Anyone who trains seriously knows that the more you train, the more likely you are to be forced to train while injured. These injuries can range from a pulled muscle or a tweaked neck to major knee and shoulder injures. The truth is that you can train while you’re injured, but it requires discipline and humility.
Perhaps the most important thing to remember when training while injured is that tapping is crucial and more people will be able to tap you. If, for example, you have a knee injury, you should tap early to leg locks. This means you may wind up tapping to the threat of a submission, rather than the submission itself.
Another key to continue training while healing from an injury is focused training. I watched a video by Stephan Kesting in which he talks about training with an injured neck. One point he makes is that when your neck is injured, you should focus on standing passes. This sort of thinking applies to any injury; if your knee or shoulder is injured, focus on areas that don’t put pressure on that knee or that shoulder.
Choose your training partners carefully when injured. I’d venture to say that someone prepping for an upcoming competition is a recipe for disaster because that person is sharpening their killer instinct. Also, particularly inexperienced or larger and stronger training partners can be risky. Stick to training partners around your size who have enough experience to work with you.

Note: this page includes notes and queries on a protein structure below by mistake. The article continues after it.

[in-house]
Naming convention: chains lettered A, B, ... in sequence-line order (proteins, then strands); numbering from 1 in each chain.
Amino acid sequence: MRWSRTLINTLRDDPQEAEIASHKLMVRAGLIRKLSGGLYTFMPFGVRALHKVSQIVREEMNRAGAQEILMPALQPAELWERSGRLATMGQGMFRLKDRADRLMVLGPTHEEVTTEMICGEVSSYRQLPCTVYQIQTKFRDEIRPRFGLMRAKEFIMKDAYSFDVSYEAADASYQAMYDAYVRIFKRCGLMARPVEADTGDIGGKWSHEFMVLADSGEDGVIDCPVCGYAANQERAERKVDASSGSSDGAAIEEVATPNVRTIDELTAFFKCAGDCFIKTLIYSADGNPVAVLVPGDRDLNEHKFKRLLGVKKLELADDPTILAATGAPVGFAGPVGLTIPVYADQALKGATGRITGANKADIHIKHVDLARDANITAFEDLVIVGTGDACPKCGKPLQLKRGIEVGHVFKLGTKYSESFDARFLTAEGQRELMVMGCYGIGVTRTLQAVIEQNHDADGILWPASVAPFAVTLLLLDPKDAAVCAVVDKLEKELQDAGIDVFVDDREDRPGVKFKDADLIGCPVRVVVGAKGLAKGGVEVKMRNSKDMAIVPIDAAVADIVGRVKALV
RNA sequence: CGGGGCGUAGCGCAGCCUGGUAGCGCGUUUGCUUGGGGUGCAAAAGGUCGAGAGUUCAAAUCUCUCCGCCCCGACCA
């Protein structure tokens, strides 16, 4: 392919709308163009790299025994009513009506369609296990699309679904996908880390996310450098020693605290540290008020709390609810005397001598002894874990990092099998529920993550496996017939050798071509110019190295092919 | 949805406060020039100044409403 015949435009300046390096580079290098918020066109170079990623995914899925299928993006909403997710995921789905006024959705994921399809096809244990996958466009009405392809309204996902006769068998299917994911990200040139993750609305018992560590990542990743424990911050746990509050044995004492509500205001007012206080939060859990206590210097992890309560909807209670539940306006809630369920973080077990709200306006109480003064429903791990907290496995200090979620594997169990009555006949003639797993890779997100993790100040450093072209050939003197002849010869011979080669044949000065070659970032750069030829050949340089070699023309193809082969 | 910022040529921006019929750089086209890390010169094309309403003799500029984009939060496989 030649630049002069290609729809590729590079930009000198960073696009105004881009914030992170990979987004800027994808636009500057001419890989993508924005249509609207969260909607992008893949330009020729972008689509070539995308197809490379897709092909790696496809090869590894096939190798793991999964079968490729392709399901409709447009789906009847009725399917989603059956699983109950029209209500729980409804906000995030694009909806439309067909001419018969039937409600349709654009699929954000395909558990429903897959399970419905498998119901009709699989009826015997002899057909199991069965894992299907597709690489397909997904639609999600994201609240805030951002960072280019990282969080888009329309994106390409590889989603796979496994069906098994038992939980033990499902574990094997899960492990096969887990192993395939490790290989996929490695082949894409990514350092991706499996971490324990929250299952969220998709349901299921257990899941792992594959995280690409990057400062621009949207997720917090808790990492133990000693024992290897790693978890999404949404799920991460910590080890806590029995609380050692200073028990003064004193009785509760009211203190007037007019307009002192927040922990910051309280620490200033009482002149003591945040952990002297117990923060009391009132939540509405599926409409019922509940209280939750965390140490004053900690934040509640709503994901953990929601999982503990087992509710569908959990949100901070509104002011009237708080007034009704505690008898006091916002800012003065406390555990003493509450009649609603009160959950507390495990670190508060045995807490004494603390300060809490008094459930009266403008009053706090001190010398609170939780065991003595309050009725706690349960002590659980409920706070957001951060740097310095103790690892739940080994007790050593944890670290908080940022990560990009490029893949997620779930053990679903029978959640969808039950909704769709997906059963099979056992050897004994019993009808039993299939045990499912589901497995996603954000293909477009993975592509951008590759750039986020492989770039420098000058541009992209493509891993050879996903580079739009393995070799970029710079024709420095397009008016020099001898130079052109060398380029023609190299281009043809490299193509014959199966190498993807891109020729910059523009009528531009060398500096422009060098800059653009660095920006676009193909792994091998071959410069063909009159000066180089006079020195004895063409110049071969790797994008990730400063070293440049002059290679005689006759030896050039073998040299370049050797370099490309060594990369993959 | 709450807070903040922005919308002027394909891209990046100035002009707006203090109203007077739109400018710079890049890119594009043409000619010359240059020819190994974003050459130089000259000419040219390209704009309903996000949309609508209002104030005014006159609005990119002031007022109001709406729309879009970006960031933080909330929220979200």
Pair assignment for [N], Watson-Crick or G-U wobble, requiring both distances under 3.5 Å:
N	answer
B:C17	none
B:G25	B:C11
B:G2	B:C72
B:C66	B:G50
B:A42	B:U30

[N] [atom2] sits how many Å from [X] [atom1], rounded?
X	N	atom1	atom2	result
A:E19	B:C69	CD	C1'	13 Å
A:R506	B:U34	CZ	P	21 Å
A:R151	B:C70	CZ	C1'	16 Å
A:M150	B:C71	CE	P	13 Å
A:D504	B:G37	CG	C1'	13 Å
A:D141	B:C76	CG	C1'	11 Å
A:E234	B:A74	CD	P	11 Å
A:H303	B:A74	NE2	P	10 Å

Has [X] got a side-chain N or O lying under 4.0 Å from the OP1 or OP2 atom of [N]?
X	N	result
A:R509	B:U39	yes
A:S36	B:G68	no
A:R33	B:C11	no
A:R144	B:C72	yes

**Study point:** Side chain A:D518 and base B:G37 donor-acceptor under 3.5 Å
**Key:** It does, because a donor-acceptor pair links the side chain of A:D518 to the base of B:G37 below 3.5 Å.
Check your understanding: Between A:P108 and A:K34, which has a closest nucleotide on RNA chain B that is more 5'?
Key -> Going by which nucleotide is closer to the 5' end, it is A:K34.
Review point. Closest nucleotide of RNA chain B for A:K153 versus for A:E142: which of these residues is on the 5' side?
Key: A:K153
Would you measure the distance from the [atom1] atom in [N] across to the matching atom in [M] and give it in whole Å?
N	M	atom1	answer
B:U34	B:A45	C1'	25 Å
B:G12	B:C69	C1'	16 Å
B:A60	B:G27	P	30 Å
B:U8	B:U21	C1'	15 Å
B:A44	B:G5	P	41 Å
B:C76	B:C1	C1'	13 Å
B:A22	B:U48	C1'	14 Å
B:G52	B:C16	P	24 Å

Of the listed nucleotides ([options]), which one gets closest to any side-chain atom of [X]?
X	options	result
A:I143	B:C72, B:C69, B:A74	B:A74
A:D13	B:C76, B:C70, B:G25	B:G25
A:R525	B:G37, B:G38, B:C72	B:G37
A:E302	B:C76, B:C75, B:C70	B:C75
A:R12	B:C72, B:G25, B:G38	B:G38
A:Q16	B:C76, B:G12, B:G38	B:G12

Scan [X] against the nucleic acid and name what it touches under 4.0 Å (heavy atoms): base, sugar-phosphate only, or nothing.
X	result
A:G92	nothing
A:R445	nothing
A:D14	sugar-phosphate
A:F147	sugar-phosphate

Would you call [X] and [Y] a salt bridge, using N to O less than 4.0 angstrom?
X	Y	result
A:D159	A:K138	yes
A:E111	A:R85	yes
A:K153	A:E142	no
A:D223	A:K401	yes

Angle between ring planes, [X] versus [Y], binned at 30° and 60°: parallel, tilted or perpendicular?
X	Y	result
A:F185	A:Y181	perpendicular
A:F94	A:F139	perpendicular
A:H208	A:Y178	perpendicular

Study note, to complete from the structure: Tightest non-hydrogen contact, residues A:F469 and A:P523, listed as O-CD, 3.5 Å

One thing I always encounter is people offering to tap early if I catch their injured limb. I think that this mindset, while honorable, is potentially hazardous because you’re better off avoiding irritating that injury for now and practicing dealing with that submission later.
Injuries are an unfortunate part of the game and they are largely unavoidable. You can do things to reduce the likelihood of injury, but the only way to prevent injury is to quit jiu-jitsu, and that’s probably not an option for anyone reading this. Instead, learn to train intelligently and protect areas that are injured so that they can heal. If an injury is bad enough that you have to take time off the mat, consider light, controlled drilling instead. There is always something you can do to keep yourself active.
For anyone out there who has dealt with injures, what did you do to stay on the mat? Or did you have to succumb and take time off?